When you contemplate the vinnana which thinks, you know the nama rupa that is coupled with it. When you find yourself committing something to memory, you know sanna; when you note your intention to do or speak something, you become aware of cetana; when you note your desire for something, you know that it is your lobha. When you note your irritation, you know that it is dosa; you know moha when you note your view of a being in terms of a permanent and happy individual. You know alobha when you know the lack of desire in you. Moreover, your intention to do or say something is followed by bodily behaviour or verbal expression and so through contemplation, you become aware of vinnana citta as the cause of rupas in the body.

Vinnana and nama rupa are interdependent. Just as vinnana gives rise to nama rupa, so also nama rupa leads to vinnana. Nama rupa contributes to vinnana by way of simultaneous arising (sahajatapaccaya) foundation (nissayapaccaya) and so forth. It is only through the contribution of all cetasikas collectively or the body (rupa) as the physical basis, etc., that vinnana comes into being.

Mahapadana sutta tells us how the bodhisatta reflected on dependent origination just before he attained enlightenment. He found nama rupa, six bases of mental activity, impression, feeling, craving, clinging and becoming (bhava) to be the links in the chain of causation leading to old age and death. Then it occurs to him that nama rupa is conditioned by vinnana and vice versa. The sutta ascribes this statement about the correlation between vinnana and nama rupa to Vipassi bodhisatta, but we should understand that it is a fact discovered by all bodhisattas before they attained supreme enlightenment.

Although vinnana and nama rupa are interdependent, the former is the determining factor and, hence, it is described as the cause of nama rupa. In fact, when vinnana arises because of sankhara, its concomitant cetasikas as well as the rupas resulting from sankhara come into being at the same time. So vinnanas and nama rupas arise together from the moment of rebirth. Moreover, vinnana and nama rupa include the six ayatana (the six bases or sense organs) as well as phassa (sense contact) and vedana (feeling). But since vinnana is the cause of nama rupa and nama rupa the cause of salayatana and so forth, the Buddha says: Vinnana paccaya nama rupa, etc., to distinguish between cause and effect. Likewise a verse in the Dhammapada describes the mind (mano or vinnana) as leading the cetasikas: manopubbangama dhamma; if a person acts or speaks with an evil mind, suffering follows him as a result, just as the wheels of a cart follow the ox which draws it.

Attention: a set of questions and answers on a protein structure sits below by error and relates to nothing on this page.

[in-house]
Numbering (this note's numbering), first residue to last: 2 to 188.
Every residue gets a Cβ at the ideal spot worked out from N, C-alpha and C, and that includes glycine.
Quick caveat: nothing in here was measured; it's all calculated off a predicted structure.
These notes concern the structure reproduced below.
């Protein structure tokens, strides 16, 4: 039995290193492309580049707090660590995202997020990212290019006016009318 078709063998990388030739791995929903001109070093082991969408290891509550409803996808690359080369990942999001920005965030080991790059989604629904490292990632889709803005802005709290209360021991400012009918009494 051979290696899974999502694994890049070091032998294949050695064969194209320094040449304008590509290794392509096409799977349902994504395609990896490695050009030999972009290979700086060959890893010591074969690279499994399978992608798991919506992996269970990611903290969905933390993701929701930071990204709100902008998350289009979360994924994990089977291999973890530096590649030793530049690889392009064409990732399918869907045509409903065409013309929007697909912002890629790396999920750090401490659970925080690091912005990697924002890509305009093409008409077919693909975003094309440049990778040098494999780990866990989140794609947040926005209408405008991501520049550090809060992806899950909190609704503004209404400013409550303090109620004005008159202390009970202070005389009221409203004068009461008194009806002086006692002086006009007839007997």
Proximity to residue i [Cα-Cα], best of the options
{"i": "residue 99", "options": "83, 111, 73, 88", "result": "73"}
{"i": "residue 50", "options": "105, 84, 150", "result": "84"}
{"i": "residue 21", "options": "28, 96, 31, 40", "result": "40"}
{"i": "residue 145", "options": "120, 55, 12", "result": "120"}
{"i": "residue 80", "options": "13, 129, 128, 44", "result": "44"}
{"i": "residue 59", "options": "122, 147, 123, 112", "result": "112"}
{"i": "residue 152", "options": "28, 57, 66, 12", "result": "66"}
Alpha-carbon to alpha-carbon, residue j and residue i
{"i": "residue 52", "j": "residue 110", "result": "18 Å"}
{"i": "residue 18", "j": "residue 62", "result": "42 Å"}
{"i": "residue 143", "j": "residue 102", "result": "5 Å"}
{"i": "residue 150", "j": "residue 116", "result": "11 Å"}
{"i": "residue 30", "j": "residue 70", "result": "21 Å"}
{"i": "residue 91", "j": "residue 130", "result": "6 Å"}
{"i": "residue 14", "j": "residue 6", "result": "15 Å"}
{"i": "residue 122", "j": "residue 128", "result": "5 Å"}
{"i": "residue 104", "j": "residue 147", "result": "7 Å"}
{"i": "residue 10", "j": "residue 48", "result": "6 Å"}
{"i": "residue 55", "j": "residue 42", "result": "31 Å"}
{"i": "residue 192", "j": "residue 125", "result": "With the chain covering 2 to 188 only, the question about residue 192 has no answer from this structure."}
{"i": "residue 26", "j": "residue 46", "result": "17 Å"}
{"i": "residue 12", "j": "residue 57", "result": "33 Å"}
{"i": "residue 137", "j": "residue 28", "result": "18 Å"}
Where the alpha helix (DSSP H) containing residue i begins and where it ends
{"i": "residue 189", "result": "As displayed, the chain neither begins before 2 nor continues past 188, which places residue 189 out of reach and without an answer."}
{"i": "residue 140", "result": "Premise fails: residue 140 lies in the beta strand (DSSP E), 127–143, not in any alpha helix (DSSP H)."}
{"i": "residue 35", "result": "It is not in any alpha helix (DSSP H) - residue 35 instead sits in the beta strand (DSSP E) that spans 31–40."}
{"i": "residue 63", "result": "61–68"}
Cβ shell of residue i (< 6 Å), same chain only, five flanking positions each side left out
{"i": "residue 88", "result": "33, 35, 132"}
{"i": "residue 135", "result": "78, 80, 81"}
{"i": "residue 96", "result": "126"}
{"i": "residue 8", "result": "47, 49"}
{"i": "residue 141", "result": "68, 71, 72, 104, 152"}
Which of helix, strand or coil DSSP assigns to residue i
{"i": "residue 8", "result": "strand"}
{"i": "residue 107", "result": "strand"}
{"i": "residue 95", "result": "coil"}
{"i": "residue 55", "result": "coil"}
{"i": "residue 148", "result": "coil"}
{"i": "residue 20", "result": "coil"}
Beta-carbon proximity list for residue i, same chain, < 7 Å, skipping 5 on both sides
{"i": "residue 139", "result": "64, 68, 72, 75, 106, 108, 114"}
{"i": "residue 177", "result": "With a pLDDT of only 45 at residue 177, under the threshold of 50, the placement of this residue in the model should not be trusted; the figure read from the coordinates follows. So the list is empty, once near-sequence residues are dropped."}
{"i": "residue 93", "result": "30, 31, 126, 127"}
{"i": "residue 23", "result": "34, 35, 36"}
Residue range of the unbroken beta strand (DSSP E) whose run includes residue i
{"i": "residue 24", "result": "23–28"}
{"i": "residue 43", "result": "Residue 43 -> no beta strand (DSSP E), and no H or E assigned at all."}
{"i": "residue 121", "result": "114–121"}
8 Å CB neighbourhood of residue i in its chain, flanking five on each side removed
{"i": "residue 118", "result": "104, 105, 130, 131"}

In point of fact citta and cetasikas arise together but, because of its predominant role, citta is described as leading the latter. If a mans mind is evil, he does evil deeds, utters evil words and harbours evil thoughts. These three kinds of kammas are sankharas born of ignorance. They become potential for evil kammic effect. Every deed, speech or thought is accompanied by seven impulse moments that flash forth several times. If the first impulse moments are favourable, the kamma is productive in the present life; otherwise it becomes sterile. If one of the seven impulse moments is favourable, it gives rise to kammic images or visions of afterlife on death bed and produces kammic effect in the next life. Otherwise, it is sterile. As for the other five impulse moments, they produce kammic effect from the third existence till the last existence (the existence when Nibbana is to be attained) under favourable circumstances. It becomes sterile only after the attainment of Nibbana.

Before the attainment of Nibbana its potential remains intact for innumerable lifetimes, ready to bear fruit when circumstances permit. It bears fruit in terms of suffering, both mental and physical, in the lower worlds. If by virtue of good kamma the person is reborn in the human world, he will be dogged by evil kamma and suffer regardless of his station in life.